I recently spoke with her and enjoyed the conversation. I do believe that she has attempted to be fair to all involved in spite of her feelings. I look forward to her visit on Monday and perhaps her sharing will answer some of these questions.

To read this review, follow this link.

Wednesday, April 8, 2009

Giving - Darin Hufford quotes

I recently listened to Darin Hufford’s series on giving. When I first saw the topic, I wasn’t very excited. I’ve heard enough sermons on giving to make me decide that I don’t want to hear any more. Anyway, I decided to give Darin a chance and see what he had to say. I’m glad I did because he has great insight and instead of producing shame and guilt, in my opinion, what he said produced greater freedom and joy.

Some of the great points he brought out were:

“Anything given or done under any other motivation than love is not true giving.”

“If you have your eyes on receiving, you do not have the heart of God yet.”

“It doesn’t take great faith to give. It takes great love . . . It’s extremely Old Testament to unite faith with giving. When you unite faith with giving, you kill it.”

“You are supposed to now get the joy out of giving and let others receive.”

“If you’re giving for the sake of giving, you’re under the law and there’s no power in that.”

As with everything Darin teaches, I found this series opened my heart to understand more of God's nature and His heart regarding giving.

Saturday, April 4, 2009

Virtual Book Tour

I recently received a very interesting email. It was sent to me by Dr. Margaret W. Jones, a psychologist and author, who has just written and published a book entitled “Not of My Making: Bullying, Scapegoating and Misconduct in Churches.”

Margaret was arranging a virtual book tour and wanted to include my blog as one of her stops. A virtual book tour as she described it is “when an author visits websites, blogs and forums, instead of bookstores, cafes and universities that a real brick-and-mortar book tour would include. During each stop of the virtual book tour, an author ‘visits’ a different website, blog or forum. At each stop the author may: be interviewed, post an original article or essay (guest post), have their book reviewed, answer questions from the blog’s readers or any combination of the above.”

Thinking this might be a good experience as well as another way of promoting awareness of spiritual abuse, I agreed. As it turned out, Forgetting the Former Things will be the first stop on Margaret’s tour and her visit will occur on Monday, April 13. I’m excited about this so mark your calendars and join us here on that date. She has agreed to write a guest post and will be available for comments and questions.

She has sent me a copy of her book which I'm now in the process of reading. She has a raw style of writing that is keeping me captivated. She’s very open and honest as to what she experienced as well as her emotional reactions. The book describes her experience of sexual abuse as a child and the spiritual abuse she received while a member of a religious organization. Attempting to present a fair picture of the events of spiritual abuse, she had asked those involved in the abuse to share from their perspective. They all refused.

I haven’t spoken to her yet but I hope to in a day or so but I believe what she experienced is more common than we care to admit. I’ve seen the gossiping, the scapegoating, the shunning and the betrayal she describes while I was involved in an abusive church. My experiences were not as heart wrenching as hers but I know these things happen.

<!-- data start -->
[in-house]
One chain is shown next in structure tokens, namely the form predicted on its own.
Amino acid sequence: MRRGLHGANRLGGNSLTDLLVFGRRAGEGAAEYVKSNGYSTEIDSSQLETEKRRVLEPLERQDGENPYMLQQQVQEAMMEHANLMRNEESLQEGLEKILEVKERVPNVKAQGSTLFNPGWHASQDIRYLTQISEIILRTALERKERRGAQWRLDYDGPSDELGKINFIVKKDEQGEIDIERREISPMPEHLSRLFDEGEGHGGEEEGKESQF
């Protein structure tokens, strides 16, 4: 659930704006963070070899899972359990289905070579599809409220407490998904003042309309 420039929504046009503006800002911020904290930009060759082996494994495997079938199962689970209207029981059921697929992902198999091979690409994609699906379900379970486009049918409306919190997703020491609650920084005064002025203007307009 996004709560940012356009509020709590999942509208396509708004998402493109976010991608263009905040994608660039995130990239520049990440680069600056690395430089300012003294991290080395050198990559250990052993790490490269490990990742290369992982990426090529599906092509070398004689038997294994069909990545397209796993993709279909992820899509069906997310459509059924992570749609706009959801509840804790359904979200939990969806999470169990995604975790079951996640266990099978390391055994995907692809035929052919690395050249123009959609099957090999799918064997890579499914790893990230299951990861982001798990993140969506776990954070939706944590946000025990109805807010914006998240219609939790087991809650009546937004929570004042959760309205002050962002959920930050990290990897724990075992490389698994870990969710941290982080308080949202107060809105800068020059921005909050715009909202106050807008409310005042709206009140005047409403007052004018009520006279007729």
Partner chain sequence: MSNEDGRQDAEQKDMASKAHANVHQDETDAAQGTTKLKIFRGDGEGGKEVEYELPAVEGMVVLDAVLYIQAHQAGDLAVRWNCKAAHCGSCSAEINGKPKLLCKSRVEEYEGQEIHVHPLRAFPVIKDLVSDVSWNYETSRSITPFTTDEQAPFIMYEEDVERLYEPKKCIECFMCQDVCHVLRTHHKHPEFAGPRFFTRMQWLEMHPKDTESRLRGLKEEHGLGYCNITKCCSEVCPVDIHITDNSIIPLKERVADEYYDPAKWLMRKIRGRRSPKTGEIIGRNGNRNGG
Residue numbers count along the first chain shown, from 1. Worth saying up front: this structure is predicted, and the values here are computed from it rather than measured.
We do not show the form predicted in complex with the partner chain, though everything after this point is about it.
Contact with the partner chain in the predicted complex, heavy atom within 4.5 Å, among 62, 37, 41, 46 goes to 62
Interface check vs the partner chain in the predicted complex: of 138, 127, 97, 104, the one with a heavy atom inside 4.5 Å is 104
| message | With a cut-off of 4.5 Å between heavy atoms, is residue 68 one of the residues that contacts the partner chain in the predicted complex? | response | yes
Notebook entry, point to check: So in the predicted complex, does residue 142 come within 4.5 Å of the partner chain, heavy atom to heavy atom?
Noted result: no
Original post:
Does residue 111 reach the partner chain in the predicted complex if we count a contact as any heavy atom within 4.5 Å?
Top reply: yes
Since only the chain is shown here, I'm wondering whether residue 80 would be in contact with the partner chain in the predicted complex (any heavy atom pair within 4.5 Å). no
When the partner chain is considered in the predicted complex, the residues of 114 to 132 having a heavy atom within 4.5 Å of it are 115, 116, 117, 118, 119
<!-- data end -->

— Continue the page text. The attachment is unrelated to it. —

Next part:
I hope to write more about her book after I’ve finished reading it. If you would like to know more about Margaret and her book, check out her website at
I hope you’ll stop by here on April 13 and hear her share her story in her own words. Feel free to post any comments or questions you may have for her.

I’m looking forward to her visit. Maybe we can all grow in understanding how devastating this type of abuse is to the victims and to their families.

Thursday, April 2, 2009

Recover Your Good Heart book study

A group of us have been doing an online study of Jim Robbins’ book, "Recover Your Good Heart." Sunday nights, we meet on Yahoo Messenger for the discussion and Joel from Grace Roots is our facilitator.

I don’t particularly care for group chats so, when Joel first mentioned doing this study, I decided I didn’t want to participate. However, when Ron of Through the narrow gate asked me if I was going to participate, I decided to give it a try. I really was only doing it in order to encourage him and to support Joel. I really didn’t expect to enjoy the study but I’ve been very pleasantly surprised.

Each week there’s a different cast of characters and believe me, some of them are characters. Joel does an excellent job of keeping this wild group moving forward with the occasional assistance of Dave Lesniak who in his calmer moments (brief though they are at times) is able to ask the right question to get the group back on track.

It’s been a lot of fun with a lot of joking and relationship building. The book is excellent and we’re all enjoying the exchanging of thoughts and ideas about our good heart.

Maybe this is what Jesus had in mind when he said he would build his church. Although it’s online and most of us have never met face to face, I believe real community is being built through this study and the church is being strengthened.

If you want to catch a glimpse of the church in action, it’s not too late. Our last meeting in this study will be this Sunday. Joel (now there’s a guy who deserves a medal for valor) will be starting a new study soon. Plans haven’t been firmed up yet so check his blog at Grace Roots for dates and times.

And thank you, Jim, for being the guinea pig and allowing us to use your book for our first study.

If you haven’t read “Recover Your Good Heart,” I highly recommend it. There’s also a companion workbook. For ordering information, follow this link.